Discussing commonalities is important for the reason of seeing if it makes sense for you both to connect. It is possible that two people can be in completely different fields of work, but have a commonality that connects them.

Be Listener:

First and foremost, listen to others. No one likes someone who only talks about themself without giving the other person a chance to talk. Listen to what others have to say and engage in healthy conversation.

Ask Questions:

This goes along with being a listener. Ask questions about people’s lives and maybe you’ll both know the same person. If you don’t ask someone questions about themselves, they might think you are not interested or don’t care.

Follow up Within 72 Hours:

You hand out your business card to people you like for a reason. Utilize their contact info and reach out with an email or a request to connect on Linkedin. Sending a simple message saying “It was nice to meet you at the networking event” goes a long way.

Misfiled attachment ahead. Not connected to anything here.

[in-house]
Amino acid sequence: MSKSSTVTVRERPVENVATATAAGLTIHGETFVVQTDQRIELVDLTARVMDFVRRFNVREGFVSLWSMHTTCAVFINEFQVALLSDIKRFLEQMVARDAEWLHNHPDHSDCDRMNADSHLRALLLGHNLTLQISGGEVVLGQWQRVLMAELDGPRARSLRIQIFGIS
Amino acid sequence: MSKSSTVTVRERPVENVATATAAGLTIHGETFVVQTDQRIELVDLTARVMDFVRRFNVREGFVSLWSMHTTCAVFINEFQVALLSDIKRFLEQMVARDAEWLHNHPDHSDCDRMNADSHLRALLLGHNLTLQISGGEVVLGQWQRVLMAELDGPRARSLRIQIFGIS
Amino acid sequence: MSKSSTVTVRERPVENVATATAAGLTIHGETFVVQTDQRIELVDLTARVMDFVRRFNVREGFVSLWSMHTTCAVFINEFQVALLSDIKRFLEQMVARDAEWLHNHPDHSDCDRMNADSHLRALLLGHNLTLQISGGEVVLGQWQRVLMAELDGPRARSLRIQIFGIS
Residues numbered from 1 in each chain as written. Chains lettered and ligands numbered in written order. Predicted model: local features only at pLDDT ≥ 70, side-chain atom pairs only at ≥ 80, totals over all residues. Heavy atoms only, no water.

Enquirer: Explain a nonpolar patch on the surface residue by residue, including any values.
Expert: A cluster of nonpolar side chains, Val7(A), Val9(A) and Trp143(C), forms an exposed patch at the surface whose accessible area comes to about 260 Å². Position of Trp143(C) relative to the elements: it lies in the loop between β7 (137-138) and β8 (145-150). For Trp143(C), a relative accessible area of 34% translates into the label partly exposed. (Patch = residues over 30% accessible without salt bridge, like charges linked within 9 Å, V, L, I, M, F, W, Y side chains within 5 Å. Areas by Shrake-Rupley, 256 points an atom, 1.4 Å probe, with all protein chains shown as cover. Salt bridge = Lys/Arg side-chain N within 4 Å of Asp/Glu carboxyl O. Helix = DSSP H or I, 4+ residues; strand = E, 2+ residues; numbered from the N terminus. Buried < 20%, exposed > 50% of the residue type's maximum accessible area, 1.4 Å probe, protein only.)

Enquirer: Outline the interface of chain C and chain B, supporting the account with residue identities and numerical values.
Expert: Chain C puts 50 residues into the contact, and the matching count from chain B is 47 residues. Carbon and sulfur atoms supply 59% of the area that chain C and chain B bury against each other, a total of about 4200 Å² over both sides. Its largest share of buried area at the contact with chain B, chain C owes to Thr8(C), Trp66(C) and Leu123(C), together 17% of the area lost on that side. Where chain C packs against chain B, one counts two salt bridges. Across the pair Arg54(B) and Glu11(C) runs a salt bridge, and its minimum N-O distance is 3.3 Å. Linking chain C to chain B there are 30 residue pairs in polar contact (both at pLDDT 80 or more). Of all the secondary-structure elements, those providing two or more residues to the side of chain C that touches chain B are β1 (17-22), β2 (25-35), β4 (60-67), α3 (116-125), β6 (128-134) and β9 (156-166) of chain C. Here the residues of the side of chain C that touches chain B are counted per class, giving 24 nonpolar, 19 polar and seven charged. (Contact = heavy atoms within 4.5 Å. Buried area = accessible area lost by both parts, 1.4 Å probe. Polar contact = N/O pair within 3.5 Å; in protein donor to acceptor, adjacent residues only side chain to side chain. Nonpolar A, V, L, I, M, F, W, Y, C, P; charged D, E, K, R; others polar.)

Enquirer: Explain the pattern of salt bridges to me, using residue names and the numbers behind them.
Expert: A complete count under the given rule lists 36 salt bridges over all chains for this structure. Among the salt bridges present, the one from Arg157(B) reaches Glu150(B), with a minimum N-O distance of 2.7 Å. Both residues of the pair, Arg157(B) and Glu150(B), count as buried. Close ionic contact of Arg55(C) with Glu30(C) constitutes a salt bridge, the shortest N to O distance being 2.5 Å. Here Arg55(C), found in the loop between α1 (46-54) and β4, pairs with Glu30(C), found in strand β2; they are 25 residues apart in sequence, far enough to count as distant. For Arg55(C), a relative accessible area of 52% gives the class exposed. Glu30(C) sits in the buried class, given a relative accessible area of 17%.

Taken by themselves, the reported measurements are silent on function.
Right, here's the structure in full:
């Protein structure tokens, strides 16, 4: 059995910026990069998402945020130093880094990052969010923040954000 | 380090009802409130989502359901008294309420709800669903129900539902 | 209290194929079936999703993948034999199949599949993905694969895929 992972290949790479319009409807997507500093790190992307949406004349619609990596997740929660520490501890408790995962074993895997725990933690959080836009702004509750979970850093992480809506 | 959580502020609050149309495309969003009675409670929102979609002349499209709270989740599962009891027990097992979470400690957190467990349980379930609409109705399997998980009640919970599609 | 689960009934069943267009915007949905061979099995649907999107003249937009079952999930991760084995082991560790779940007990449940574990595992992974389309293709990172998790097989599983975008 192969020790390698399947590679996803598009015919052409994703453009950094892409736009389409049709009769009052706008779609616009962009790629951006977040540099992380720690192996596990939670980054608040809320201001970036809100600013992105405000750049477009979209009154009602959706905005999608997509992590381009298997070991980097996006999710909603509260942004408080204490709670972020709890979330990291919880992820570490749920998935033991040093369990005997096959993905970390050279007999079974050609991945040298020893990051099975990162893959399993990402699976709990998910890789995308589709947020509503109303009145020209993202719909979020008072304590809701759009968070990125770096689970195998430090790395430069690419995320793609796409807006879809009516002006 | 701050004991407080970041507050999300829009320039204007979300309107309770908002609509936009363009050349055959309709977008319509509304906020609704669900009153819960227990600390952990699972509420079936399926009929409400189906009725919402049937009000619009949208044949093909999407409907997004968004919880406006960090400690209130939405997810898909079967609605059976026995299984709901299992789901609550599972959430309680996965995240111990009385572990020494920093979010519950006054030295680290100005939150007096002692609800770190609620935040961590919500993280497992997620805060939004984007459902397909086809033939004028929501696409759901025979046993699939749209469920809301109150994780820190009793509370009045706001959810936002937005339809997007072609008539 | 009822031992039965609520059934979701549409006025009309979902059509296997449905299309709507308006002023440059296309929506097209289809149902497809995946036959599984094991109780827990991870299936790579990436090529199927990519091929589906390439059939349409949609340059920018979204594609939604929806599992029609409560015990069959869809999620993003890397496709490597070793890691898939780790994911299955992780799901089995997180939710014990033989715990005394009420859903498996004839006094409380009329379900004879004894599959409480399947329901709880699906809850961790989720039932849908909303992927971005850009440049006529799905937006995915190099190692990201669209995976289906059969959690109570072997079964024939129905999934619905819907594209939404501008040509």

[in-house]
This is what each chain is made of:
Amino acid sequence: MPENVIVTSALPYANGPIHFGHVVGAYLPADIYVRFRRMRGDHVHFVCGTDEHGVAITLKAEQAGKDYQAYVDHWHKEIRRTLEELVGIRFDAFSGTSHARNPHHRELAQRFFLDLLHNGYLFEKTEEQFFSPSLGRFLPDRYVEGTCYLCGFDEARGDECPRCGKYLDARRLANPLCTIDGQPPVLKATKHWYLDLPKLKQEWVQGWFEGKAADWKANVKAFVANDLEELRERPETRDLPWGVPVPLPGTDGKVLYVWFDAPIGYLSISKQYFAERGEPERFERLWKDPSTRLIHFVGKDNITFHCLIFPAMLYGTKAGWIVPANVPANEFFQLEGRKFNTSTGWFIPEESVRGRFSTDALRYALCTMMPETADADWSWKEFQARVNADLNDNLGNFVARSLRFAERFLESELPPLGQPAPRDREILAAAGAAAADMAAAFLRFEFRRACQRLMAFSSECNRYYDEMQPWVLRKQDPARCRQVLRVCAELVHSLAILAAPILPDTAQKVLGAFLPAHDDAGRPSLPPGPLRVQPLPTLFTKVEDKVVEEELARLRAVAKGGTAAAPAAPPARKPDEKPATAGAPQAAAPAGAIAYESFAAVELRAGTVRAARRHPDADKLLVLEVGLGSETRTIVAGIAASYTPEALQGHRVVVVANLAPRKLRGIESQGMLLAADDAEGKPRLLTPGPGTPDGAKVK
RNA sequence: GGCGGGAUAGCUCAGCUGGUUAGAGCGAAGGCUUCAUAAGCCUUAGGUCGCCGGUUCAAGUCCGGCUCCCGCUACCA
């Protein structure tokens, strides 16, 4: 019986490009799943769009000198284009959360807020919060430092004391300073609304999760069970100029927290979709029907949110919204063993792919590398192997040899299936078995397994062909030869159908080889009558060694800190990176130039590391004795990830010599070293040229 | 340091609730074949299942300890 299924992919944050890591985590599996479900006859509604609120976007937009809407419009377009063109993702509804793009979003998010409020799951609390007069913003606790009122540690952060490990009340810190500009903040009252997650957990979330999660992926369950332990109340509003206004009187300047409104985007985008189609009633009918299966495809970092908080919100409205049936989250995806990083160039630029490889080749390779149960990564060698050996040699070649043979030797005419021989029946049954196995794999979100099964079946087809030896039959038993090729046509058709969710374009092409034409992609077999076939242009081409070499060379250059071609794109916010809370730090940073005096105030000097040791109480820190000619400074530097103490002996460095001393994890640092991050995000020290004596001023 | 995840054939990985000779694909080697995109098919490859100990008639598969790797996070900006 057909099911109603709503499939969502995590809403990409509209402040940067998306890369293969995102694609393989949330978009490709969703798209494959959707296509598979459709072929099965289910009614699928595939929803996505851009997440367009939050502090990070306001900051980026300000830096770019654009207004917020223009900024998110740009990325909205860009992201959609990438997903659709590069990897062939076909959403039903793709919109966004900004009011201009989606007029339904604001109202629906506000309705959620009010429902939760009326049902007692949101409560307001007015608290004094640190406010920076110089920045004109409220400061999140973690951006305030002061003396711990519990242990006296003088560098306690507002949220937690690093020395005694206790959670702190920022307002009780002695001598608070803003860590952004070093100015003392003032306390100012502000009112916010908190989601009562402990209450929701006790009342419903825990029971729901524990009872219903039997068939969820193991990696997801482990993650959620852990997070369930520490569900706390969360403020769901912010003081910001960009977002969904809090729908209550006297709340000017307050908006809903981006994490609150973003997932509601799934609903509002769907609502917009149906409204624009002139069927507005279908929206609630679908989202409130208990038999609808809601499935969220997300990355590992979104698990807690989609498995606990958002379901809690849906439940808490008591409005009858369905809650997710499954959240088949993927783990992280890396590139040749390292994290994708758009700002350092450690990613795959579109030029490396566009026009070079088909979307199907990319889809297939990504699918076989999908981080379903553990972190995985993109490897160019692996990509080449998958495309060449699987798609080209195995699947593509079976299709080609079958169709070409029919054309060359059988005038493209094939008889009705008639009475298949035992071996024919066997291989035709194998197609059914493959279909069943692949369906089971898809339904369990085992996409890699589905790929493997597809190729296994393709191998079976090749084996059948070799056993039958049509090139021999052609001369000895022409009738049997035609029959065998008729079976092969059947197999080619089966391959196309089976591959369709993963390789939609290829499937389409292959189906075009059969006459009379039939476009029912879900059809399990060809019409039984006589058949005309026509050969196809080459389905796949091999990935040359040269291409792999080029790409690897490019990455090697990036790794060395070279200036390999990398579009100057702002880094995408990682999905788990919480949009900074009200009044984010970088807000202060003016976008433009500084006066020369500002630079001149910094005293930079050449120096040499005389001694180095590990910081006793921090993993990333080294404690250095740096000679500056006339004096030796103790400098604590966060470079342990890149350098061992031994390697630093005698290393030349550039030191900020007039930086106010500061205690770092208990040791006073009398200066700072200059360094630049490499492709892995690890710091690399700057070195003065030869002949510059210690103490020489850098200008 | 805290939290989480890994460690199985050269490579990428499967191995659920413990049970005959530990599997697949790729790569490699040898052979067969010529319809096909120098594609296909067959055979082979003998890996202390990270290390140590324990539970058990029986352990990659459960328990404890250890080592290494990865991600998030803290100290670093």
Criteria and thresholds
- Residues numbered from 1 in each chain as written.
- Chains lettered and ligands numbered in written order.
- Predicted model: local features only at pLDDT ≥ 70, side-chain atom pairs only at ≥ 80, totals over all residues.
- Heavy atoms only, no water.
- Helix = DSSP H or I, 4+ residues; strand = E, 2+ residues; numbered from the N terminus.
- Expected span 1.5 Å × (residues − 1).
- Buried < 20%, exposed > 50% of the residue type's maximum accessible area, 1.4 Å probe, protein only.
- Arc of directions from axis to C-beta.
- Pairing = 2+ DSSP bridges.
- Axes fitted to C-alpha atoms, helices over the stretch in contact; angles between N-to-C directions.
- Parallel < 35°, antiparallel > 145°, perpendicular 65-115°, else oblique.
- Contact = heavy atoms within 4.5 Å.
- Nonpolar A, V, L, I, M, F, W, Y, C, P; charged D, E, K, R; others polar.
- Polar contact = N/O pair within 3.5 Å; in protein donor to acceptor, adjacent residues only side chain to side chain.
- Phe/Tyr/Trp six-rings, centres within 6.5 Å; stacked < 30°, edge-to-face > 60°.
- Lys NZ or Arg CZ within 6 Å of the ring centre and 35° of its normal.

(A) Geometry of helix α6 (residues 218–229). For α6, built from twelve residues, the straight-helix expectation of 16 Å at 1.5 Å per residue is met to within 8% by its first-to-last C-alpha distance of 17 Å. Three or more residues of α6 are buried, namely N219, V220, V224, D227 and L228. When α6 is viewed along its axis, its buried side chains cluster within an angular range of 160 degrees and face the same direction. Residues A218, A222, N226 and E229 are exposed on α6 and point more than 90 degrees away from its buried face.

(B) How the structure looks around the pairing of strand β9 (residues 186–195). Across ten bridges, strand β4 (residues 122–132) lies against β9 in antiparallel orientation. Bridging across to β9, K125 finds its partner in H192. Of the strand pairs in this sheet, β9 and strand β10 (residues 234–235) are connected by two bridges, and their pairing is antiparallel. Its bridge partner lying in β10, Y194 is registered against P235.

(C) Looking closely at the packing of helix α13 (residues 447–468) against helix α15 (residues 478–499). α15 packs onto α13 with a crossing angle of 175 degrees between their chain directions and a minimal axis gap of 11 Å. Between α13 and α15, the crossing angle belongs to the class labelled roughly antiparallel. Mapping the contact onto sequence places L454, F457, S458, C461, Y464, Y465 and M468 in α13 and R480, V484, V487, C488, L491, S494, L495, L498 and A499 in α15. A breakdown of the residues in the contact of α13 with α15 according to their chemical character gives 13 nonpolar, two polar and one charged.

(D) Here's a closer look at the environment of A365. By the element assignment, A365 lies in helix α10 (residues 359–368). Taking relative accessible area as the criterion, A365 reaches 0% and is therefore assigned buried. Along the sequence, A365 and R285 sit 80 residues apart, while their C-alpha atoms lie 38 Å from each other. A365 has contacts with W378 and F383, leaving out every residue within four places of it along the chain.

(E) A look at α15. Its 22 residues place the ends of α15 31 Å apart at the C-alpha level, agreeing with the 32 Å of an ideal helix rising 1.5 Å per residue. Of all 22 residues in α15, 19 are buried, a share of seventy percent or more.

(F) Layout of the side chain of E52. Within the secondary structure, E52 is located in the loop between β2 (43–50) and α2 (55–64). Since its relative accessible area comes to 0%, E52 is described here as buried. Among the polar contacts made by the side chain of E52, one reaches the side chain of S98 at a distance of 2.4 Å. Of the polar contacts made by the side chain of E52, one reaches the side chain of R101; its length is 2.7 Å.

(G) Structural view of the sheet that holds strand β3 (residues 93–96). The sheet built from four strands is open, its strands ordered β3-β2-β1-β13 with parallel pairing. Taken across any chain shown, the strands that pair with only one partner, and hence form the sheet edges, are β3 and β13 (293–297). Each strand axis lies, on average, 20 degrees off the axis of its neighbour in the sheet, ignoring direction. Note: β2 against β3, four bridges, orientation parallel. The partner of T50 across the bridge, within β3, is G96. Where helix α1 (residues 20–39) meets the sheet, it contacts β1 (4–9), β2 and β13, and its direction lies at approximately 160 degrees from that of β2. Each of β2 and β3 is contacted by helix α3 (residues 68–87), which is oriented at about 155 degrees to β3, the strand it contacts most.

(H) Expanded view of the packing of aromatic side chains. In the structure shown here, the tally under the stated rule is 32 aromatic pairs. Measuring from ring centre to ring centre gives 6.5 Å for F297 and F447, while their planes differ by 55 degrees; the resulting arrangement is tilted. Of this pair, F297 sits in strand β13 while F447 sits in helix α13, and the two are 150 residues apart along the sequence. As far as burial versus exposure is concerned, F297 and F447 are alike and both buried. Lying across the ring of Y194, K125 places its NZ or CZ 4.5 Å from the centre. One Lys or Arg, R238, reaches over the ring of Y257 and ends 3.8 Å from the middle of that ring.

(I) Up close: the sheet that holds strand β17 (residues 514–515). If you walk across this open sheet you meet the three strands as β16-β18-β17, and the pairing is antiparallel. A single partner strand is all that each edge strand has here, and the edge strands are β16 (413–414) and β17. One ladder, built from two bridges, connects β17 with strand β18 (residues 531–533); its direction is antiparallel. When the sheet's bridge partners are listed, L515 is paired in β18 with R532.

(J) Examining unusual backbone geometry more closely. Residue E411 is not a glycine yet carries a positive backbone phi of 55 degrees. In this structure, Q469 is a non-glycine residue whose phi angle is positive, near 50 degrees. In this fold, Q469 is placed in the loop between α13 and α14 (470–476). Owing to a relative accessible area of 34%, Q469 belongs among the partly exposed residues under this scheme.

Focus on Quality, not Quantity:

At networking events, you are probably not going to meet everyone there. With that said you are probably not going to like everyone you meet. Focus on connecting with one good person rather than trying to meet everyone at the event.

Networking Don’ts 

As we’ve seen some great actions that help you succeed at networking events, we’ve also seen what not to do when networking. Here are some of or big do nots when trying to expand your network.

Don’ts:

  • Don’t be a card dealer
  • Do not be a “product pusher”
  • Don’t be a stalker
  • Don’t ask for a job
  • Don’t go with friends
  • Don’t discuss inappropriate topics
  • Don’t brag

Don’t be a Card Dealer:

The reason for bringing business cards is to hand them out to select few. You don’t want to pass them out like candy. The goal of the night should not be for everyone at the event to have your business card, only the people you want to connect with.

Don’t be a ‘Product Pusher’:

A product pusher is someone who tries to sell their product to the guests at the event. The event is not your time to sell your product or service. However, it is an opportunity for you to partner with someone who is interested in helping you sell or investing in it.

Don’t be a Stalker:

There may be a person who is high ranking in their company or a well-known businessperson, but they do not want to be followed around. The purpose of networking events is for you to meet others you like.